Georgia Bulletin

The Newspaper of the Catholic Archdiocese of Atlanta

CNS photo/Mario Anzuoni, Reuters
An attendee weeps during a candlelight vigil in San Bernardino, Calif., Dec. 3 for the victims of a mass shooting the previous day at the Inland Regional Center. At least 14 people were killed when gunmen opened fire during a function at a center for people with developmental disabilities.


San Bernardino bishop urges prayers for unity, healing after shootings

By MIKE NELSON, Catholic News Service | Published December 10, 2015

OXNARD, Calif. (CNS)— Bishop R. Gerald Barnes of San Bernardino took part in a candlelight vigil Dec. 3 at San Manuel Stadium to mourn the 14 people who were killed in a mass assault Dec. 2 that has been identified as an act of terrorism by the FBI.

During the service, the names of the 14 people who were killed were read aloud. At least two of those killed are part of the local Catholic community.

Damian Meins, 58, married to a Catholic school principal and the father of two girls, worked in the public health department in San Bernardino. Bennetta Betbadal, married and the mother of three children, was a health inspector who was at the building that day to give a presentation.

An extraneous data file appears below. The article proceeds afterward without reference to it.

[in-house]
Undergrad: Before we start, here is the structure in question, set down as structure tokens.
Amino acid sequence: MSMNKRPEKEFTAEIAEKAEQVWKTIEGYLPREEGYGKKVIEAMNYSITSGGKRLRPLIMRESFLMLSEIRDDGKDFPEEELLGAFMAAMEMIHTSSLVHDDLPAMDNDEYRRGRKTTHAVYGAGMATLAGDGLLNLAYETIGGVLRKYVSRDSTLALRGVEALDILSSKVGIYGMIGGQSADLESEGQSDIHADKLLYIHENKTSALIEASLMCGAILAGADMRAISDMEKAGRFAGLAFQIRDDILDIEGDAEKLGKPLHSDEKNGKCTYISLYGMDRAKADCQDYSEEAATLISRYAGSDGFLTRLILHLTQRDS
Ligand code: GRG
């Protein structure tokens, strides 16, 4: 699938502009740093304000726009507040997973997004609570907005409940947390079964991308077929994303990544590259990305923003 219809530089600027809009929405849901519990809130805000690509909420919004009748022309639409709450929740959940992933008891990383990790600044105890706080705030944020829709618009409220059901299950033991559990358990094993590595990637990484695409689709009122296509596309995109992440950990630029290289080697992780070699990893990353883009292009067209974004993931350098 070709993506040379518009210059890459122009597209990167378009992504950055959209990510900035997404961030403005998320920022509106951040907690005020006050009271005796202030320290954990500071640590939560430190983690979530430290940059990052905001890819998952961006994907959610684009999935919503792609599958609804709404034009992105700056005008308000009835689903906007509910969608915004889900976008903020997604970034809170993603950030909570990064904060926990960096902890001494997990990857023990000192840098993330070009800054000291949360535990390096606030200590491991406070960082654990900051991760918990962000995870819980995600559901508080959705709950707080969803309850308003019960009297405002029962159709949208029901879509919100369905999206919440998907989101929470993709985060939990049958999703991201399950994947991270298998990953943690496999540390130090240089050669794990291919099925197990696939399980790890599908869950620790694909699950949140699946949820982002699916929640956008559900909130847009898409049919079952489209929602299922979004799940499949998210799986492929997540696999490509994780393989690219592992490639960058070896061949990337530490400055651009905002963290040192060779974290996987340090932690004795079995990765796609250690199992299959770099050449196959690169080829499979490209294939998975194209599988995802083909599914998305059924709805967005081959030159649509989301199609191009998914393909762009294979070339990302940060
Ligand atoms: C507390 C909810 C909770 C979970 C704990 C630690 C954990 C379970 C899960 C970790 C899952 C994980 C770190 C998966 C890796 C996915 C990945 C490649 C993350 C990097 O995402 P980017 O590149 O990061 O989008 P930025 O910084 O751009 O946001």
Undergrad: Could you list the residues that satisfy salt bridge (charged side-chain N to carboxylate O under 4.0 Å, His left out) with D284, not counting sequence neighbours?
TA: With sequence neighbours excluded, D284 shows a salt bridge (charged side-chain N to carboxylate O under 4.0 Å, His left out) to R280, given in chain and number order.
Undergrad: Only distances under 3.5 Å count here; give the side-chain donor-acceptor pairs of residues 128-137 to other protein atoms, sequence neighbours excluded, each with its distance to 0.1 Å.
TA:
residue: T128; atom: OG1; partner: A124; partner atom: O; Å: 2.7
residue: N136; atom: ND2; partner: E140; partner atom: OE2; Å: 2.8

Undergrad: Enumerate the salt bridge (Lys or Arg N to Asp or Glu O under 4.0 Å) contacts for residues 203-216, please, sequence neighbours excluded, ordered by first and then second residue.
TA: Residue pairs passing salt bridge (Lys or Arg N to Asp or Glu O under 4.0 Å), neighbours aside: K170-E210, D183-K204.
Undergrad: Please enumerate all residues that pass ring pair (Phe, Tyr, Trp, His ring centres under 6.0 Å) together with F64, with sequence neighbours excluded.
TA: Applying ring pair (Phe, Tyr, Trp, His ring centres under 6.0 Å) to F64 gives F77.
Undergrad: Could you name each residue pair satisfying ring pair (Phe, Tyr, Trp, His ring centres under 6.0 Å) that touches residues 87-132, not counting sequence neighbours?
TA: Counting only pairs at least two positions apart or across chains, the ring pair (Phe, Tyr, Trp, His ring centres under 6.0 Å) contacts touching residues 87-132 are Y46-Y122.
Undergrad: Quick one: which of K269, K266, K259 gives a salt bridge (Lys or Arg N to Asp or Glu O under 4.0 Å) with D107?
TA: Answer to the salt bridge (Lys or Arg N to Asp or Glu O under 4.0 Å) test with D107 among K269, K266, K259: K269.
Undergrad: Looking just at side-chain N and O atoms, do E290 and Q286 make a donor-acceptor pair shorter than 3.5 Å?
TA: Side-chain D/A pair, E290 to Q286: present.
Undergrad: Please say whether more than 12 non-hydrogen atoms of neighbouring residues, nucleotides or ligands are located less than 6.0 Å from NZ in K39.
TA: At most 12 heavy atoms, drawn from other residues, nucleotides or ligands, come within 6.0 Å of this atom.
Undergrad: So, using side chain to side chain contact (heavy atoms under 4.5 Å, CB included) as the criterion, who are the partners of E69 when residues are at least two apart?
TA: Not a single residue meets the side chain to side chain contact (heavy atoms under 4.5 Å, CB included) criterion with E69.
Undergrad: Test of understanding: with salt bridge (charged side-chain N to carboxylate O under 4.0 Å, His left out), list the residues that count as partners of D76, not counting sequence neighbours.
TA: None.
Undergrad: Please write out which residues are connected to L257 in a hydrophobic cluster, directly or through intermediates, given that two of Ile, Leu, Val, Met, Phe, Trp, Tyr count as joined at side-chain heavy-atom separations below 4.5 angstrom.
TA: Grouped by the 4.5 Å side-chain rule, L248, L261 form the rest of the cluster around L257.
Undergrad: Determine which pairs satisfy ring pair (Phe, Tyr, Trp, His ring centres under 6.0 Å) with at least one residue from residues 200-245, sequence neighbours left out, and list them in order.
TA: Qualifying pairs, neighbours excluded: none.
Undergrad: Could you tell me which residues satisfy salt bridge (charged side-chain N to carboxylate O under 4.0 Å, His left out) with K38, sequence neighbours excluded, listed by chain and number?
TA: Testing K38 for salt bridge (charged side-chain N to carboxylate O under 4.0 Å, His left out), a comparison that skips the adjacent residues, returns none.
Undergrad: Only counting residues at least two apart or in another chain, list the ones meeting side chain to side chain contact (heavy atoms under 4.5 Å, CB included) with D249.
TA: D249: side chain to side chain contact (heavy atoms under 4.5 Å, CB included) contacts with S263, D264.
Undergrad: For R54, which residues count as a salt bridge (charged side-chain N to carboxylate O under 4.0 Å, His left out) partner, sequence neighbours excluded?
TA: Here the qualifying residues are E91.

The Inland Regional Center, a state-run facility for individuals with developmental disabilities, was the site where county health officials were having an employee Christmas party.

It became a murder scene, with 14 people killed and 21 more wounded, several critically, by two suspects armed with assault weapons—later identified as Syed Rizwan Farook, 28, and his wife, Tashfeen Malik, 27. The two were killed by police four hours later in a shootout about two miles from the social services center.

Farook, who worked as a San Bernardino county environmental inspector, had initially attended the holiday party and left, returning with Malik, masked and wearing “assault-style clothing” with ammunition attached, according to news reports. The majority of those killed and wounded were co-workers and county employees.

The home of Farook and Malik was discovered to hold large quantities of ammunition and bomb-making materials. Federal law enforcement officials told The New York Times Dec. 4 that Farook’s wife, Malik, had pledged allegiance to the Islamic State in a Facebook posting. The FBI announced Dec. 4 that it is officially investigating the shooting as an act of terrorism.